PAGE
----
IDBI is coming out with a new mutual fund called the IDBI India Top 100 Equity Fund, and this fund will be a diversified equity fund which will invest in stocks selected from the CNX 100.
What will IDBI India Top 100 Equity Fund invest in?
The CNX 100 is an index that’s a combination of the Nifty and Nifty Junior so this diversified equity mutual fund will have pick and choose from the 100 biggest companies listed in India. The fund will invest not less than 70% of its assets in equity products, and the remaining in debt products.
So, the fund is geared towards big companies in India, and to that extent the universe of the fund is quite limited. This may be comforting to people who know that the fund won’t invest in smaller more volatile companies, and disappointing to people who think that the fund doesn’t have too many options for diversification and will probably feature the same names that most of the existing funds have today.
I think both point of views are fine as long as you know what you are getting into.
NFO Dates, Investing Options and Exit Loads
The NFO started on the 25th April 2012, and will end on May 9th 2012. You can invest a minimum of Rs. 5,000 in the NFO and there’s going to be a growth and dividend option that you can choose from.
You can set up a monthly SIP for Rs. 500 or more or quarterly one for Rs. 1,500 or more.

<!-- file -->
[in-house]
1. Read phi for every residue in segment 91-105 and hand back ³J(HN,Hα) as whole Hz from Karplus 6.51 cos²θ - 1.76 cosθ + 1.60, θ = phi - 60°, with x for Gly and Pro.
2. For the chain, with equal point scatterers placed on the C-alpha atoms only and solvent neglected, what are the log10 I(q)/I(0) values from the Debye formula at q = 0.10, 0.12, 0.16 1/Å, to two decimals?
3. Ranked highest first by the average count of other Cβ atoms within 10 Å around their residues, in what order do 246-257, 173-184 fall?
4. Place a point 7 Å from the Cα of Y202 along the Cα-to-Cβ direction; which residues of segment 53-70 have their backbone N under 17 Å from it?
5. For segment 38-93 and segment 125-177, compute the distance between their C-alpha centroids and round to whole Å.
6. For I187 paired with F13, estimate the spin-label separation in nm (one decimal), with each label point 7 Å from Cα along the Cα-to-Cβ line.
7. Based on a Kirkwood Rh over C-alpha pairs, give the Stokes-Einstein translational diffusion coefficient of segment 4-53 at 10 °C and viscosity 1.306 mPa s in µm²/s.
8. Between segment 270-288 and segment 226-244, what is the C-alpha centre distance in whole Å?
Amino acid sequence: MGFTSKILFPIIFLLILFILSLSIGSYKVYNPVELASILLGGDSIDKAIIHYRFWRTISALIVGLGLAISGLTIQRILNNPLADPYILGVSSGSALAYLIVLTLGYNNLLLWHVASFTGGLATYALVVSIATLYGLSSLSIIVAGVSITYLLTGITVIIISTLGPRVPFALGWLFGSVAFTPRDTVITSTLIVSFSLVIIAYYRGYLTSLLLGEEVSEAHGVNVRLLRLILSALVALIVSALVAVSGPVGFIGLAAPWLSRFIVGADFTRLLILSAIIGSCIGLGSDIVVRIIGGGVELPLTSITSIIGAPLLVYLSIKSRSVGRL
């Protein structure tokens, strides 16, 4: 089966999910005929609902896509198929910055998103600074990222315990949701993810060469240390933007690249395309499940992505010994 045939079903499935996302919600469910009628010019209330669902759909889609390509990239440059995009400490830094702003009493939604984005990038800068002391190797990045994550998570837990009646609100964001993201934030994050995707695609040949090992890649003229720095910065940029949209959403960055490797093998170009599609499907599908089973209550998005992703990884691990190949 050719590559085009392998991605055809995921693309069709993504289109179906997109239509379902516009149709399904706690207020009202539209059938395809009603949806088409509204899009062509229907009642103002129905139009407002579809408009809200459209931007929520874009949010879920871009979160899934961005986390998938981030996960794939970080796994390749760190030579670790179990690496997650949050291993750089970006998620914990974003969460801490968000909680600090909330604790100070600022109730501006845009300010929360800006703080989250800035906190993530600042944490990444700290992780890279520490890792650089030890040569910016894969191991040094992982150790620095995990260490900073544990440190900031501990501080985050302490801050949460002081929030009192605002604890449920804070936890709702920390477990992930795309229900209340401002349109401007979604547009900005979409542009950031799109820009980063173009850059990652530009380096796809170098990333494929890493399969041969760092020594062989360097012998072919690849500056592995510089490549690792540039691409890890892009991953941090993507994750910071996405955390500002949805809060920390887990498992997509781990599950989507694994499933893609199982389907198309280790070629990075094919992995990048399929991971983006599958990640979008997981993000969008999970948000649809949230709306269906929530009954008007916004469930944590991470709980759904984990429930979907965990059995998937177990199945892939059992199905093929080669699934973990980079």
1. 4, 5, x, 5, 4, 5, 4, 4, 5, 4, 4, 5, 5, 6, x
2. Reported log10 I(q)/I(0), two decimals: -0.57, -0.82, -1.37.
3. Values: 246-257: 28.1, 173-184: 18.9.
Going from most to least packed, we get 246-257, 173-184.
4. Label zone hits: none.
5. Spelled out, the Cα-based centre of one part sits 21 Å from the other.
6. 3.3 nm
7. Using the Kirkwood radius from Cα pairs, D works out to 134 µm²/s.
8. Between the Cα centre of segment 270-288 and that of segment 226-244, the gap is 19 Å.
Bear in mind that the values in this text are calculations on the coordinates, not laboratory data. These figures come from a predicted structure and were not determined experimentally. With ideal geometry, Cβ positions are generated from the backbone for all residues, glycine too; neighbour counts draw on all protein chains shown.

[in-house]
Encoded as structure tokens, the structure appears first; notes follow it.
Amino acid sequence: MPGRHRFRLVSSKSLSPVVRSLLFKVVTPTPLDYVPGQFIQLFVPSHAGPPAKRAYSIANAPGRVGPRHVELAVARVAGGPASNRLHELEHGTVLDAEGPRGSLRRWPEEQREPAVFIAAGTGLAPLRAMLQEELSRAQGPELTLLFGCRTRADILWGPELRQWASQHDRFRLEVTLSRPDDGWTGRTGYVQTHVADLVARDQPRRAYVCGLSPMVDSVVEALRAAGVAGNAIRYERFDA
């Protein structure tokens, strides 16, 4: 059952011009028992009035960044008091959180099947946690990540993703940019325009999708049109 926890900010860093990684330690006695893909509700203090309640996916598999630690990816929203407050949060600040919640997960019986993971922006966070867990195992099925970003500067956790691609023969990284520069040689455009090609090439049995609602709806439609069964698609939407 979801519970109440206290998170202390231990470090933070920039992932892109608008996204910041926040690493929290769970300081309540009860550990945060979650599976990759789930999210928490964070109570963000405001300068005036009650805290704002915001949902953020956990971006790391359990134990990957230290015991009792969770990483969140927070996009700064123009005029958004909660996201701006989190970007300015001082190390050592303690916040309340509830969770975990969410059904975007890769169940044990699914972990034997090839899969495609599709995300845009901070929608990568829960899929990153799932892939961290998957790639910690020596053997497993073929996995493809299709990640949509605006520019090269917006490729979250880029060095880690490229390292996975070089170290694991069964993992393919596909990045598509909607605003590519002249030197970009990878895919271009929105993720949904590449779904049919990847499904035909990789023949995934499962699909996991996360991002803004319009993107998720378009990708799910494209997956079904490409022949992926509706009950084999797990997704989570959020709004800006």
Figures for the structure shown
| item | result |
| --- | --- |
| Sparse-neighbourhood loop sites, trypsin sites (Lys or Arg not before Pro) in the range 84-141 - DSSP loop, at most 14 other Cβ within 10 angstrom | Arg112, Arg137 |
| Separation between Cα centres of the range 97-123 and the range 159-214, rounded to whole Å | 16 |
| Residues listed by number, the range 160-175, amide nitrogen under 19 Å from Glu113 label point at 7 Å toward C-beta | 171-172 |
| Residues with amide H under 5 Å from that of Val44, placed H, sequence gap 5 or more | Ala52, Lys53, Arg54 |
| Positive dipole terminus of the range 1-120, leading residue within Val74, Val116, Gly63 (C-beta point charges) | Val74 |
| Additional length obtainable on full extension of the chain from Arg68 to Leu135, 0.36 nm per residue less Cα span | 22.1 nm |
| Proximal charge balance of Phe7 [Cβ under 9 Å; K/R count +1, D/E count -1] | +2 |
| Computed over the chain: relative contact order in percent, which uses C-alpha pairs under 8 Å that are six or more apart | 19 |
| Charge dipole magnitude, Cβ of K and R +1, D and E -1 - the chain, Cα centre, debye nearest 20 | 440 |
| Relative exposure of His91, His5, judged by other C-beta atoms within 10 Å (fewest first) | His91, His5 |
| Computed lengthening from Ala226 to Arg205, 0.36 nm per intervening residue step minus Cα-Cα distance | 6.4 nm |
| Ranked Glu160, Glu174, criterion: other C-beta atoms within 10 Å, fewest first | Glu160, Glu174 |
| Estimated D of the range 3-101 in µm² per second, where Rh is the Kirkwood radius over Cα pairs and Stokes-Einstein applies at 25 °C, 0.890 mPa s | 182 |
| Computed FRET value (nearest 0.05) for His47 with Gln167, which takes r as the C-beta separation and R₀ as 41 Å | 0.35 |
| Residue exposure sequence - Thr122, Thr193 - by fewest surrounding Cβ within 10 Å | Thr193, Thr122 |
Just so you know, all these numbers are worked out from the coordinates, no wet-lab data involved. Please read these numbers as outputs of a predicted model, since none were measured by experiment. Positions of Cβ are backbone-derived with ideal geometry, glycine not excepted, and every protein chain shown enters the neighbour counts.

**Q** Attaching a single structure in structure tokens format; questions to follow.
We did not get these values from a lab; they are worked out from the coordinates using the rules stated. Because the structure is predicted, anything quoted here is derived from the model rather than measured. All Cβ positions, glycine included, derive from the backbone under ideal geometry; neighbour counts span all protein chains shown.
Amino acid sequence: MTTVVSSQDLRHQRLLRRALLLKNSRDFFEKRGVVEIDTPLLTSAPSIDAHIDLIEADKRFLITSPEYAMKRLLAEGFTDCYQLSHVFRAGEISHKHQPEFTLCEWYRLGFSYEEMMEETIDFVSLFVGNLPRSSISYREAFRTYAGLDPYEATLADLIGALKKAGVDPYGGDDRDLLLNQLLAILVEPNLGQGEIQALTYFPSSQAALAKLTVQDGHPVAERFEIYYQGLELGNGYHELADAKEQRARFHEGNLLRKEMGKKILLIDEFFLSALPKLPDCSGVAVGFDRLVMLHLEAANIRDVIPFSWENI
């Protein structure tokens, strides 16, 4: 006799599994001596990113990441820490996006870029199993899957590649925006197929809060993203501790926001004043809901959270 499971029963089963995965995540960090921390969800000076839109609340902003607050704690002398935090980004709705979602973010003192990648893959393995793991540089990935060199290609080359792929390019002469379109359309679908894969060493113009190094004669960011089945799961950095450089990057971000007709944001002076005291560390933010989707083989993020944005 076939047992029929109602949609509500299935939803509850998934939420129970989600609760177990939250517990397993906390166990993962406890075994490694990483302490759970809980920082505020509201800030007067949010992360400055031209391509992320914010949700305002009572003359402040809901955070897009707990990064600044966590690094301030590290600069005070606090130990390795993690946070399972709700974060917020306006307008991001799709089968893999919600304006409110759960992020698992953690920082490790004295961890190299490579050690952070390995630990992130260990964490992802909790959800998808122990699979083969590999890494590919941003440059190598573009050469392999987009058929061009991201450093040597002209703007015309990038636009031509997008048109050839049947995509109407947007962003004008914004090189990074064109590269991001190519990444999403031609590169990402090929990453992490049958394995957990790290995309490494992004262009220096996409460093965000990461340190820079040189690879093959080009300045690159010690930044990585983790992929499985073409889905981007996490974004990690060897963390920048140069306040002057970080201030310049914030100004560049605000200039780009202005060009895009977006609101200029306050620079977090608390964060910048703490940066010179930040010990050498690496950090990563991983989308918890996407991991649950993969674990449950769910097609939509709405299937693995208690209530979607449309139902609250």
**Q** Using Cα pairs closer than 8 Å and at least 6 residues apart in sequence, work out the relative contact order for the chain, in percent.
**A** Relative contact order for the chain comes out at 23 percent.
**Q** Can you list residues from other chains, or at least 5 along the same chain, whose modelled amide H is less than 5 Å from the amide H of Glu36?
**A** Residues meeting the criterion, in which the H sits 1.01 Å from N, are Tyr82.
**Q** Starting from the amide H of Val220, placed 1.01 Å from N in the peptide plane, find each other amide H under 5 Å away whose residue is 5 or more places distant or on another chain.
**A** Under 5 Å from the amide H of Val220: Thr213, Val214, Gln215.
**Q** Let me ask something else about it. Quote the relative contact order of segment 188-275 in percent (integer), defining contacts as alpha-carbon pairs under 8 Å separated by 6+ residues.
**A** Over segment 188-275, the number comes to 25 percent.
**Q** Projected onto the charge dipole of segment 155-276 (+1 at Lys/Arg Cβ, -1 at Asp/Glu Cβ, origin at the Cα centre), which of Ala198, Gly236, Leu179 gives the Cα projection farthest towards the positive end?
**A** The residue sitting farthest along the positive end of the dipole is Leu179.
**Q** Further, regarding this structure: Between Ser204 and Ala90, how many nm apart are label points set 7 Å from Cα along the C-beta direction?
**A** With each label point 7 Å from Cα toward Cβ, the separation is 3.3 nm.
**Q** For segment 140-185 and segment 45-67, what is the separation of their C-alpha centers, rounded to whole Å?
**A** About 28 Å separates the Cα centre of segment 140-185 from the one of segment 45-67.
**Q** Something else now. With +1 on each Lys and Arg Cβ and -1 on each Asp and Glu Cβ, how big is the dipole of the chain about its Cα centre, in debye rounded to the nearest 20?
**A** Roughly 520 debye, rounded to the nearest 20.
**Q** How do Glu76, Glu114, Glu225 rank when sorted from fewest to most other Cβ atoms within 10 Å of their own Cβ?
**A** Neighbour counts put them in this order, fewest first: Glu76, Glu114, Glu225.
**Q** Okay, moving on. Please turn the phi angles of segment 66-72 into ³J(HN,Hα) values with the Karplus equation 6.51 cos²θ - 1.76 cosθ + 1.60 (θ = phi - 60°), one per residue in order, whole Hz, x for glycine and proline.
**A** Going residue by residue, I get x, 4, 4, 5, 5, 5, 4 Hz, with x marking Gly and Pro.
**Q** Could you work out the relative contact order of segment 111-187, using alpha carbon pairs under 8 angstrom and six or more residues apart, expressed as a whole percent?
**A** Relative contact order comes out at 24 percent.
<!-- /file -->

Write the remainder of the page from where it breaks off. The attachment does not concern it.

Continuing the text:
There is an exit load of 1% if you sell your fund before a year and this exit load is applicable in case of SIPs also as well as when you switch to another fund.
Expense of the fund
All mutual funds charge expenses to its investors which means that they take a certain sum out of the fund every year to meet expenses. The lower the expenses, the better it is and these expenses are expressed as a percentage called expense ratio.
The expense ratio listed for IDBI Top 100 in its document is 2.50% which is fairly high and I don’t see why someone should pay so much in expenses for a fund that has no track record and that will only invest from stocks that are chosen from Nifty and Nifty Junior.
While I can see how the composition of this fund might be drastically different from a Nifty Index Fund, the reality is that most active funds aren’t able to beat their indices and it’s hard to see why someone should pay a relatively high fee to find out whether this fund will be able to do that when they can invest in other funds that have a lower fee and a much longer track record.